But when it came to setting up operations, he didn’t think twice before deciding on Ahmedabad. “The operational and labour costs here are 30-40 percent lower as compared to any of the metros,” he explains. The startup has raised $180,000 from Singapore-based Beenext and ₹75 lakh from Shark Tank India’s Aman Gupta, co-founder and CMO, Boat Lifestyle and Namita Thapar, Executive Director - India Business, Emcure Pharmaceuticals. With an established online presence, Lasvi’s plan is to hit offline stores in Ahmedabad over the next three months.

There are also next-gen entrepreneurs who worked in their family business for almost a decade before deciding to strike out on their own. Ravi Varmora is one of them. He worked in his family business of manufacturing ceramic tiles, sanitaryware, bath fittings and houseware products for eight years before launching his agritech startup. He did this for personal growth and to step out of his comfort zone. His family, initially hesitant about his decision, eventually decided to support him.

Ahmedabad: Family business destination to startup hub

“Everybody tried to convince me not to take this route. They were trying to protect me by showing me the possible dangers of the startup world. But I was firm about my decision,” says Ravi, who launched Univia in September 2020. The agritech startup, which has raised ₹7.4 crore from friends and family, provides agronomy solutions to over 50,000 farmers in Gujarat and is planning to expand to Rajasthan. “We offer a real-time user-friendly app and personalised solutions, right from soil inspection to produce sales,” he adds.

Ahmedabad: Family business destination to startup hub

Speaking of innovation, in 2020, FMCG major Marico acquired Ahmedabad-based men’s grooming startup Beardo within five years of the latter’s inception. The startup had a successful men’s grooming brand. According to Fintrackr, the total value of the acquisition was in the range of ₹350 to ₹400 crore. The co-founders, Ashutosh Valani and Priyank Shah, already had the next plan in place. The duo joined their friend, actor  Aashka Goradia Goble and launched Renee Cosmetics the same year. The direct-to-consumer (D2C) brand offers beauty products such as eye makeup, lip colours, skin serums and highlighters.

It has raised $36 million over four rounds. Their cruelty-free products are available on ecommerce platforms such as Nykaa, Amazon, Flipkart and Myntra, along with over 650 shop-in-shop stores across India. They also have a presence in malls, stores and airports. The Mensa brand-backed company claims to be growing 300 percent year over year. “Renee has been one of the fastest-growing FMCG brands in beauty in the country. Within three years, we are already at ₹250 crore ARR [annual recurring revenue], which very few brands have been able to do,” says Valani.

In FY22, the gross revenue from operations was ₹32.2 crore, up 5.1 times from ₹6.37 crore in FY21. Renee posted a ₹7.26 crore loss in FY22 against a ₹53 lakh profit in FY21, according to Entrackr. The latest fundraise happened in 2022 with the purpose of brand building, delivering growth and offline expansion, explains Valani. “That’s a short-term loss against long-term value creation. While there may be losses in the initial phase, the plan is to quickly turn profitable at scale.”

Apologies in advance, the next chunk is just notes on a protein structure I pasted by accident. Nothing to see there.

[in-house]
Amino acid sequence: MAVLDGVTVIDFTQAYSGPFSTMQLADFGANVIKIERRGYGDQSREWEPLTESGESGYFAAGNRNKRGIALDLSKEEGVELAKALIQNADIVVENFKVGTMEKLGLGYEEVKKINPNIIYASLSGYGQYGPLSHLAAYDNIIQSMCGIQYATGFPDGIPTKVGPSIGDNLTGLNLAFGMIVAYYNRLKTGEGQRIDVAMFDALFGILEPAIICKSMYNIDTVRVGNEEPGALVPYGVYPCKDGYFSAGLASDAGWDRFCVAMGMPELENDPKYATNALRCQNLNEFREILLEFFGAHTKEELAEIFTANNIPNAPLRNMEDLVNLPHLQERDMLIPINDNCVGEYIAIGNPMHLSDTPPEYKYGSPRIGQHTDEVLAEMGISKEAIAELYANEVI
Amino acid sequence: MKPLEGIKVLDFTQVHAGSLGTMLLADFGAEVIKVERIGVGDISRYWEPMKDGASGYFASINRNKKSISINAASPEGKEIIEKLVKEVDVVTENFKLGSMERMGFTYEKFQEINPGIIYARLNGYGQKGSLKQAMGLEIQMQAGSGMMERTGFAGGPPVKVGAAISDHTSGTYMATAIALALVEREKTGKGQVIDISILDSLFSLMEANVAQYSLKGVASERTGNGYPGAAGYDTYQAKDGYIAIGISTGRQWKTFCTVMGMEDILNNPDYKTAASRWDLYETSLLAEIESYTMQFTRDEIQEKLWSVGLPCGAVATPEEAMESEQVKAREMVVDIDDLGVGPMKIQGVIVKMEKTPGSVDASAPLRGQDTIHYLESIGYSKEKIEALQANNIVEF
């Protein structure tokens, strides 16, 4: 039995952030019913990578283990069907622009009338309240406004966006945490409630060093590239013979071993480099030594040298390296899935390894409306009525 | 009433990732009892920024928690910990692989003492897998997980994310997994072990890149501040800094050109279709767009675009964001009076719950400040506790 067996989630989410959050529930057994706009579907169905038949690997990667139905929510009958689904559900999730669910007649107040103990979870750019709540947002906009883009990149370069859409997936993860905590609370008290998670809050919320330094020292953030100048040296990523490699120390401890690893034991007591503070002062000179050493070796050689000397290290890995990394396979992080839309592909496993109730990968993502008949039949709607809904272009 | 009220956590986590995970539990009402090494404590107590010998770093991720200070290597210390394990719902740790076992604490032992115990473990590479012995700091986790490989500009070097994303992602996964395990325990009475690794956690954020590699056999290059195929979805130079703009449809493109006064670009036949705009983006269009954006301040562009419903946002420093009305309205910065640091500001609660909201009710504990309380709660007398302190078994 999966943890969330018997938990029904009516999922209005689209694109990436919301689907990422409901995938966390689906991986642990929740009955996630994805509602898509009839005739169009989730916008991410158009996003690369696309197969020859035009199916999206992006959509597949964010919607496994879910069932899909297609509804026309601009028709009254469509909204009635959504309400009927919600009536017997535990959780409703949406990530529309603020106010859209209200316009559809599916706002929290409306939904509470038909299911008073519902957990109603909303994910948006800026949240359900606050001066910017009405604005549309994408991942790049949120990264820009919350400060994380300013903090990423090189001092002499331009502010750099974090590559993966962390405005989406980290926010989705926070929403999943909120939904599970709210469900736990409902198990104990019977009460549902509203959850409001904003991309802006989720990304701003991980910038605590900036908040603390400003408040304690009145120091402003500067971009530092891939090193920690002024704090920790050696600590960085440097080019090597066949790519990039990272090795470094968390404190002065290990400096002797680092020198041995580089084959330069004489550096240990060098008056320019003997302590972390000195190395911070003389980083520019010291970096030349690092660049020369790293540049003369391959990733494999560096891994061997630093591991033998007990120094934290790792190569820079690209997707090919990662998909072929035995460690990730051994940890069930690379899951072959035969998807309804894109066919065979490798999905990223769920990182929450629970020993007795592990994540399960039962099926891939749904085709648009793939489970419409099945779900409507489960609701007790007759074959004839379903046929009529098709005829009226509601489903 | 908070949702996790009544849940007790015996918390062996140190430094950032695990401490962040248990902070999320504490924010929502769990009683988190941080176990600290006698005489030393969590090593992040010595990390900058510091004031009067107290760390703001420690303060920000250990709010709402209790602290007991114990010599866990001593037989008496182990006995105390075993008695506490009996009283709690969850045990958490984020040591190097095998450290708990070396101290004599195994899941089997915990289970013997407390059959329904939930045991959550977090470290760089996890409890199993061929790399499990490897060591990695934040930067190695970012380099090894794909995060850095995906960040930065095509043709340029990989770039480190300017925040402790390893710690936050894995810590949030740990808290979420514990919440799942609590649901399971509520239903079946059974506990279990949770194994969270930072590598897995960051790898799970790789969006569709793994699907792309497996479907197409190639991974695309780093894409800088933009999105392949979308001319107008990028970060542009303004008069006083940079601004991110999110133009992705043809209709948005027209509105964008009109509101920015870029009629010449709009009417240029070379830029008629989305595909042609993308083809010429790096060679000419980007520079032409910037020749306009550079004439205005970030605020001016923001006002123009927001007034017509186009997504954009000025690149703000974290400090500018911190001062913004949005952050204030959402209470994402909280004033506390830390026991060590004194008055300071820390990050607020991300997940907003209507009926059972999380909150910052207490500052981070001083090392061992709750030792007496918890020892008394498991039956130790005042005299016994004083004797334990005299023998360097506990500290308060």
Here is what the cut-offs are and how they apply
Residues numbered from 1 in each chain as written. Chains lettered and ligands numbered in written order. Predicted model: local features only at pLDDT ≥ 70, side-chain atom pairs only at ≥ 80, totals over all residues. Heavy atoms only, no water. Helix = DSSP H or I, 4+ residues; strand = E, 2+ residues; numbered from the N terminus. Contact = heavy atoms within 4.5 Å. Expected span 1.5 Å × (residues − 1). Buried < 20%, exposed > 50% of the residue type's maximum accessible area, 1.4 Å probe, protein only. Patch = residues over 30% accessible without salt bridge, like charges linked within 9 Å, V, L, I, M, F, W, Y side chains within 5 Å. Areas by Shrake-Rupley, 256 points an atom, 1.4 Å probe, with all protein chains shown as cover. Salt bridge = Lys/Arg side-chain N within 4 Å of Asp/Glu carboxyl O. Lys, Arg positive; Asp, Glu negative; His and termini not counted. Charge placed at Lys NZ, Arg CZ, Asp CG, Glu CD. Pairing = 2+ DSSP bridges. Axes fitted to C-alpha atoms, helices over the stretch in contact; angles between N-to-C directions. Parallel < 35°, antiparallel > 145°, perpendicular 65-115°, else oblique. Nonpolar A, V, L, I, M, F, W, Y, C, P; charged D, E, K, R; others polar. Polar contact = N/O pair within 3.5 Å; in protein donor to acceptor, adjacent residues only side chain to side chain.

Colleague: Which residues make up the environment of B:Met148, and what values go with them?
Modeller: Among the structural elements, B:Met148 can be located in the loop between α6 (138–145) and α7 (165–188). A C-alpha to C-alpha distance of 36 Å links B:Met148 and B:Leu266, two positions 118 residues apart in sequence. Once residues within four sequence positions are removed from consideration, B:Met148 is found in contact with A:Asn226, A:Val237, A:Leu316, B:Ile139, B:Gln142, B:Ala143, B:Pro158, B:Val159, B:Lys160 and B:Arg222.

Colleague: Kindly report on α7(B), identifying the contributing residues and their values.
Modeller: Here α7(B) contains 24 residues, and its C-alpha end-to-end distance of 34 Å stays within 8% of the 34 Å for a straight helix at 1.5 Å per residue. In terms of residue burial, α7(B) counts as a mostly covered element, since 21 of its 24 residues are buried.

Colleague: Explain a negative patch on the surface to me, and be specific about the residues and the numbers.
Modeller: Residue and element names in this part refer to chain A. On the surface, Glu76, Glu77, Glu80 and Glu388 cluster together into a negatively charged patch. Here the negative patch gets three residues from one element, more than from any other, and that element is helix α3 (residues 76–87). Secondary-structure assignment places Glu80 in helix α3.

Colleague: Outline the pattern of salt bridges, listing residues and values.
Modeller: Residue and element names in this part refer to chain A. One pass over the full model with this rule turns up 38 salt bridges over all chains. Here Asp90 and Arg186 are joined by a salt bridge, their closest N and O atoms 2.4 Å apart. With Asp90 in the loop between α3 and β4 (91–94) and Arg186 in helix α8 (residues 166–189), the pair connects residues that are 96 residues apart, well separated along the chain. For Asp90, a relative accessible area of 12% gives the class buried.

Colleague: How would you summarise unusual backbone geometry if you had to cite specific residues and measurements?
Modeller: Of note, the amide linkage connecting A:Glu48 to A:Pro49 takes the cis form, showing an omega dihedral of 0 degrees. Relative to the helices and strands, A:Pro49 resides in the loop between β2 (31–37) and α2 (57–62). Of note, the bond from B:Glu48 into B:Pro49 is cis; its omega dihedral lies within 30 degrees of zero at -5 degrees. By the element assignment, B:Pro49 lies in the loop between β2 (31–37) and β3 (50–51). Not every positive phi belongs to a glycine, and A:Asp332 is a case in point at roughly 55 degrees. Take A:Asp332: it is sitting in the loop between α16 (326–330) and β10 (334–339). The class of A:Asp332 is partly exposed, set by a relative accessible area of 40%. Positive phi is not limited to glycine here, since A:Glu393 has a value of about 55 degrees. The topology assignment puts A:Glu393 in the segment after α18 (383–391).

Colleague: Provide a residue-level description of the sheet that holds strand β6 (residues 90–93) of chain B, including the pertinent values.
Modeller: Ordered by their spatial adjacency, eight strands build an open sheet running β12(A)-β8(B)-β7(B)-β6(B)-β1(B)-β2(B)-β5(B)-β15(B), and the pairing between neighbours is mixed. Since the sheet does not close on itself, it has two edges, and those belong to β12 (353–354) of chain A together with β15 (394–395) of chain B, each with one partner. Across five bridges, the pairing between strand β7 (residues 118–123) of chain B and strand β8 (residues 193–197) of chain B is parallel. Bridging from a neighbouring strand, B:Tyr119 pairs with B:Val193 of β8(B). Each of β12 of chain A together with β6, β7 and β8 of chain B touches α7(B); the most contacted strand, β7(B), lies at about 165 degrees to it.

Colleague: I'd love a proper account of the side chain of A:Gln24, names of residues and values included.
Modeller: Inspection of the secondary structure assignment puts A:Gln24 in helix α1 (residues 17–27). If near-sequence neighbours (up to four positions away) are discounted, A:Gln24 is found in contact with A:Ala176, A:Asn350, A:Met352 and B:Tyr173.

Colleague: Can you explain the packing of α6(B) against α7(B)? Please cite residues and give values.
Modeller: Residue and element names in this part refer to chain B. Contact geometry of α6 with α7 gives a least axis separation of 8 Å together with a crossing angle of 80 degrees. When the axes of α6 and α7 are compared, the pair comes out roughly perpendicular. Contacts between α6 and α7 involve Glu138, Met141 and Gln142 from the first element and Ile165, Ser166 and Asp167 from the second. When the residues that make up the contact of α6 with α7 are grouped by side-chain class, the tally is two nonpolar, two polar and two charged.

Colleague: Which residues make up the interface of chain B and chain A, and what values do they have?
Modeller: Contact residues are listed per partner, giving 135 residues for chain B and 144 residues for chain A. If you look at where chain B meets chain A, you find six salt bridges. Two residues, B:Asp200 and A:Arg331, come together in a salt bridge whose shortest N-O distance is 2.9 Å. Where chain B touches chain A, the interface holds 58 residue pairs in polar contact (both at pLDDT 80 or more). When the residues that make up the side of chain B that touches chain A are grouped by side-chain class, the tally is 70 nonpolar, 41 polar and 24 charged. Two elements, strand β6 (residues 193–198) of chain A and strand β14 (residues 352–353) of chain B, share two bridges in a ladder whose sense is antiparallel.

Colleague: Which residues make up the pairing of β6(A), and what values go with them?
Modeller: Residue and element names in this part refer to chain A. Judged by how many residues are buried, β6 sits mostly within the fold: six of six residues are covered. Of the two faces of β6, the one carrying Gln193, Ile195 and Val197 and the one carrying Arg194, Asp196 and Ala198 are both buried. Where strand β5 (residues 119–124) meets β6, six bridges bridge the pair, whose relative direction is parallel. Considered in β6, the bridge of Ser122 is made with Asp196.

Ahmedabad: Family business destination to startup hub

Ease of doing business

In 2000, as the dotcom bubble burst, many internet startups went out of business in the US. At the same time, in Ahmedabad, 32-year-old Niraj Hutheesing started developing a software for the family’s chemical business, to help with a new excise-related invoicing method. “Along with some of my friends who were in the IT space, we developed a software called Financial Accounting Comprehensive and Easy (FACE). The drive to set up a company bringing finance and tech together is what led to starting Cygnet Infotech,” says Hutheesing.

“Earlier, we were getting peripheral work, and the core work on the product or solution was happening in the US or Europe. Now, India is the core hub where all the innovation happens,” he adds. Apart from issues with finding the right tech infrastructure and funding, getting the right clients was a challenge for his team as well.

As the company has grown over the years—with offices across seven countries and touching close to ₹230 crore in turnover in FY23, Cygnet has been hiring more senior executives for leadership roles lately. Instead of asking new hires to move to Ahmedabad, Hutheesing says, “We have created guest houses in Ahmedabad for our senior executives. They come here for two weeks in a month, and work from home the remaining two weeks. This method has helped us hire some top-notch talent,” explains Hutheesing.

Ahmedabad: Family business destination to startup hubAnother early startup from Ahmedabad is Infibeam Avenues. Founded in 2007, the company started as an ecommerce platform and later grew into a fintech company. It is also looking to enter the AI space now, and recently announced that it will be establishing “India’s first AI hub headquartered at Gujarat International Finance Tec-City (GIFT City) with an initial focus on fintech and financial sector, building AI solutions for fraud detection, authentication and risk identification (FAR) to nurture AI ecosystem and develop solutions for the domestic and global market”, says Vishal Mehta, managing director, Infibeam Avenues.